'...educational technologists have been in existence in HE for over 30 years...and professional practice has historical roots going back to the second world war and beyond...'   Shurville et al. 2009 p207 
Interestingly, ALT is not specifically directed towards learning technologists, but it's also about technologies in educational contexts, teachers and HE academic staff can also join ALT. Where Learning Technologists differ is that we are employed to be specialists in the field of learning technologies, to advise and train others and disseminated that new found knowledge to the wider community. ALT also go some way to defining what we do:
'Learning technologists are people who are actively involved in managing, researching, supporting or enabling learning with the use of learning technology.' (ALT, 2010
Notably, ALT members with significant knowledge and experience are now able to apply for professional status CMALT. This involves a large amount of reflection and evidencing within a focused portfolio of skills and working practices - we are gaining momentum as a strongly recognised field of expertise. Notably, Learning Technologists are considered, quite rightly by some to have similar importance to the academic staff they advise and support Shurville, Browne & Whitaker (2009). In this respect they are generally expected to have some form of teaching experience or qualification, often at post-graduate level, which enables us to better understand our clients and advise appropriately. Equally, having an understanding for the 'digital literacy' of people within these organisations and wider afield, plays a large part in this process of getting user and learner working with technologies appropriately (Plymouth University TEL, 2010Guardian, 2012a).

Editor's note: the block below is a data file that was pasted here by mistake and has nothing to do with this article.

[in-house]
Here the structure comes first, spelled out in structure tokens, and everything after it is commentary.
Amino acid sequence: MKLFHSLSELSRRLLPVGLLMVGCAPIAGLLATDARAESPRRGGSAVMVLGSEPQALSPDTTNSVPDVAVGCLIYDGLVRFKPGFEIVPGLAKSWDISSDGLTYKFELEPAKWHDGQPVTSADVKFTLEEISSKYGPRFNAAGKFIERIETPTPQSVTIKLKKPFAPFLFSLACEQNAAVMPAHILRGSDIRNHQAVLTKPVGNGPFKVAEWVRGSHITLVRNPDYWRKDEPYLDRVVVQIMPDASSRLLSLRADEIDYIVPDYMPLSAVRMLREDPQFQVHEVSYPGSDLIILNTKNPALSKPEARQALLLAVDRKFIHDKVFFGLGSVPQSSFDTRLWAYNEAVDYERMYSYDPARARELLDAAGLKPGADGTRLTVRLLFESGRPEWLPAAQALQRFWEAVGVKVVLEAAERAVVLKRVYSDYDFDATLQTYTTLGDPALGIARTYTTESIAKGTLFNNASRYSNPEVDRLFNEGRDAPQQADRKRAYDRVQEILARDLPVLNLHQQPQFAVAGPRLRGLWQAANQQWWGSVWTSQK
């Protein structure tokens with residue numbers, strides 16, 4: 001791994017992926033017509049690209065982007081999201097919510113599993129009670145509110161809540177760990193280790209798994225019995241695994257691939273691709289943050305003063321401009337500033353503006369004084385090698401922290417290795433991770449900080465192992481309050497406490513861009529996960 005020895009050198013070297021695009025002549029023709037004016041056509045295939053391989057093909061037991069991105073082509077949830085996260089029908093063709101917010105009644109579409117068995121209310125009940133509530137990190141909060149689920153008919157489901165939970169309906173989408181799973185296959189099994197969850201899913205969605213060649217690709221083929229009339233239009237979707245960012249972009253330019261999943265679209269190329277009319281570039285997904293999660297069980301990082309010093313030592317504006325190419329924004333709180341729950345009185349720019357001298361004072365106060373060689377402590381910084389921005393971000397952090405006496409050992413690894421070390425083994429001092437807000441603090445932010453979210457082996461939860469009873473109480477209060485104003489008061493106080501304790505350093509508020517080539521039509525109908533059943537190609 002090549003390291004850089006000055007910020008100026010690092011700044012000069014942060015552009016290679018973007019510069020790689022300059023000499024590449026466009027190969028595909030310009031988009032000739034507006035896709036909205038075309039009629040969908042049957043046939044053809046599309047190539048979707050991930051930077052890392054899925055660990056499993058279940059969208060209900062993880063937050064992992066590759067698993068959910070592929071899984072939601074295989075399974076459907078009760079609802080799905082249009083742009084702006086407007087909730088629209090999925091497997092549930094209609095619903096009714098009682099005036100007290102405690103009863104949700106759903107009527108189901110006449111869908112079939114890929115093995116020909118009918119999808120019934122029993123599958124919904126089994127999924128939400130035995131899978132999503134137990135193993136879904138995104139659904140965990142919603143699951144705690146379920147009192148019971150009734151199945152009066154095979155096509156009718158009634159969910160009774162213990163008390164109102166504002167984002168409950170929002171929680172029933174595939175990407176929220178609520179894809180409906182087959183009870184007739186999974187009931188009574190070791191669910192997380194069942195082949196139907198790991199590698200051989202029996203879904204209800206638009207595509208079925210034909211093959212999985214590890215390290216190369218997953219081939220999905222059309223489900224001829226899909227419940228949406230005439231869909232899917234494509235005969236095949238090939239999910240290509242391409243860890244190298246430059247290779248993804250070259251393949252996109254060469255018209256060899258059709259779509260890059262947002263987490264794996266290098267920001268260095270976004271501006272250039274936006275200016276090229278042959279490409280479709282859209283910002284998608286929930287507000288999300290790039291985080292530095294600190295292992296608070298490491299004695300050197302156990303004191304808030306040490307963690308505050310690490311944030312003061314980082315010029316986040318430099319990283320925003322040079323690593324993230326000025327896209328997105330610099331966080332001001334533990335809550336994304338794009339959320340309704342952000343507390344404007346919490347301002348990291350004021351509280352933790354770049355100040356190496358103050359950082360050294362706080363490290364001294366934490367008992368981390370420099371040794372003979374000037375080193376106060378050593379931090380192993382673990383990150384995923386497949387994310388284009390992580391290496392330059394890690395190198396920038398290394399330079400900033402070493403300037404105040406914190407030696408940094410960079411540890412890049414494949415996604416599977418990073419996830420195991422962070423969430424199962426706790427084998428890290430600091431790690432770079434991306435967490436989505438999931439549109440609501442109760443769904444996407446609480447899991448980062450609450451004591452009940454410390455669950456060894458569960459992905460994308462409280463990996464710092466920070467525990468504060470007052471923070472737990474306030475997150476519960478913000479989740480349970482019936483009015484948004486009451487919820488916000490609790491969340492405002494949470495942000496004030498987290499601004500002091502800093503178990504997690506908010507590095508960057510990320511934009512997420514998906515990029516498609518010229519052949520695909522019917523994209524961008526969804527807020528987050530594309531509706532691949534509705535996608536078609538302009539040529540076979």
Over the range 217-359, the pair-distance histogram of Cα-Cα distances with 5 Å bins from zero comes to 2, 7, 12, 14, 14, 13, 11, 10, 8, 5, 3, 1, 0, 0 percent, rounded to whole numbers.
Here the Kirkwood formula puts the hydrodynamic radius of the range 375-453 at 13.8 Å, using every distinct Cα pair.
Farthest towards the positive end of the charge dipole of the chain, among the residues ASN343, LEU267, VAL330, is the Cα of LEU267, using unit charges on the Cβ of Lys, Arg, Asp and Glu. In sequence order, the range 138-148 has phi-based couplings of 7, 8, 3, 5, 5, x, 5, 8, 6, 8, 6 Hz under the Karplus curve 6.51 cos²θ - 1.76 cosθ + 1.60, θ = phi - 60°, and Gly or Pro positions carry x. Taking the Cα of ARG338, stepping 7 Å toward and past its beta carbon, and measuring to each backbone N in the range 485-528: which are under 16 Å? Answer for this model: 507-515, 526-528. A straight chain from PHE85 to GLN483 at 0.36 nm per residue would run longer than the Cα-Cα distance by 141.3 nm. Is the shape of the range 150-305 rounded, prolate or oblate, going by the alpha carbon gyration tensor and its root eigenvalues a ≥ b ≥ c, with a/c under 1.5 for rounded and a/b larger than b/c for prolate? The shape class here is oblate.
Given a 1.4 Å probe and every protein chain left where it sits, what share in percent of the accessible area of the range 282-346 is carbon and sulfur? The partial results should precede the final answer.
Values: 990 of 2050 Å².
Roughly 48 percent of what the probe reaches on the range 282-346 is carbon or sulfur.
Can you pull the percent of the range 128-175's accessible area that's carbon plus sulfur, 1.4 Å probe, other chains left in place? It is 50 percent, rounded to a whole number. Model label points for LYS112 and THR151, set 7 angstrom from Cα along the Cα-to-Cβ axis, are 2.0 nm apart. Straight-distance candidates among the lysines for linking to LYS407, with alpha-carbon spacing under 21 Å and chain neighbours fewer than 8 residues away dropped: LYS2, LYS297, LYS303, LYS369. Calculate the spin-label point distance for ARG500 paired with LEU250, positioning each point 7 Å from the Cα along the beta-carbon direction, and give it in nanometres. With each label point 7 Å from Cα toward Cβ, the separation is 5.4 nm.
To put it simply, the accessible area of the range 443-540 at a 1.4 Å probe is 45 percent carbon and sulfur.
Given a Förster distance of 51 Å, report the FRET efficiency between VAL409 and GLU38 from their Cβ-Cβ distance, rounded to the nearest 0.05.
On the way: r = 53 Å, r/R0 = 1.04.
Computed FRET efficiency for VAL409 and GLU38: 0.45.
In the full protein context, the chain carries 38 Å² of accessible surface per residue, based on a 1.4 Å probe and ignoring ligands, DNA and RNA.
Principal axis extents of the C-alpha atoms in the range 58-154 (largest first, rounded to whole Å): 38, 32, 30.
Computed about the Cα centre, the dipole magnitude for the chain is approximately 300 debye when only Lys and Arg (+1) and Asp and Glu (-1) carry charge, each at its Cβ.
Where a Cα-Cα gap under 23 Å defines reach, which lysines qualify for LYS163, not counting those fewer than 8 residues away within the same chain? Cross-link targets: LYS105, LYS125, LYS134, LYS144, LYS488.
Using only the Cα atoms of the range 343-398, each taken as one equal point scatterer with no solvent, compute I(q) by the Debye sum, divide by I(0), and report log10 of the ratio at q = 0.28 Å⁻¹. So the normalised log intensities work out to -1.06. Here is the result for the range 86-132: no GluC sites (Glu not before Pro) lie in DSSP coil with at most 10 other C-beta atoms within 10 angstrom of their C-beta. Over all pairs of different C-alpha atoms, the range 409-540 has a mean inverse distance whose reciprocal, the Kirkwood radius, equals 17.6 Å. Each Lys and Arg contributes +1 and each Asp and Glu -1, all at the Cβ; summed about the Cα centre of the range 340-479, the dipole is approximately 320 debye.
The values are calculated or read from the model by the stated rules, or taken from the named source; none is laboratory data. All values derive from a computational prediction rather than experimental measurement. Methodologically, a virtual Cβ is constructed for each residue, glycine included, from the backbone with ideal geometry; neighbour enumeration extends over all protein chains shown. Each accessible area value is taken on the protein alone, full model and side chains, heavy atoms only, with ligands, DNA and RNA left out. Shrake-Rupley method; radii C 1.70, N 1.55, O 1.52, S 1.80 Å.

Are you IT support?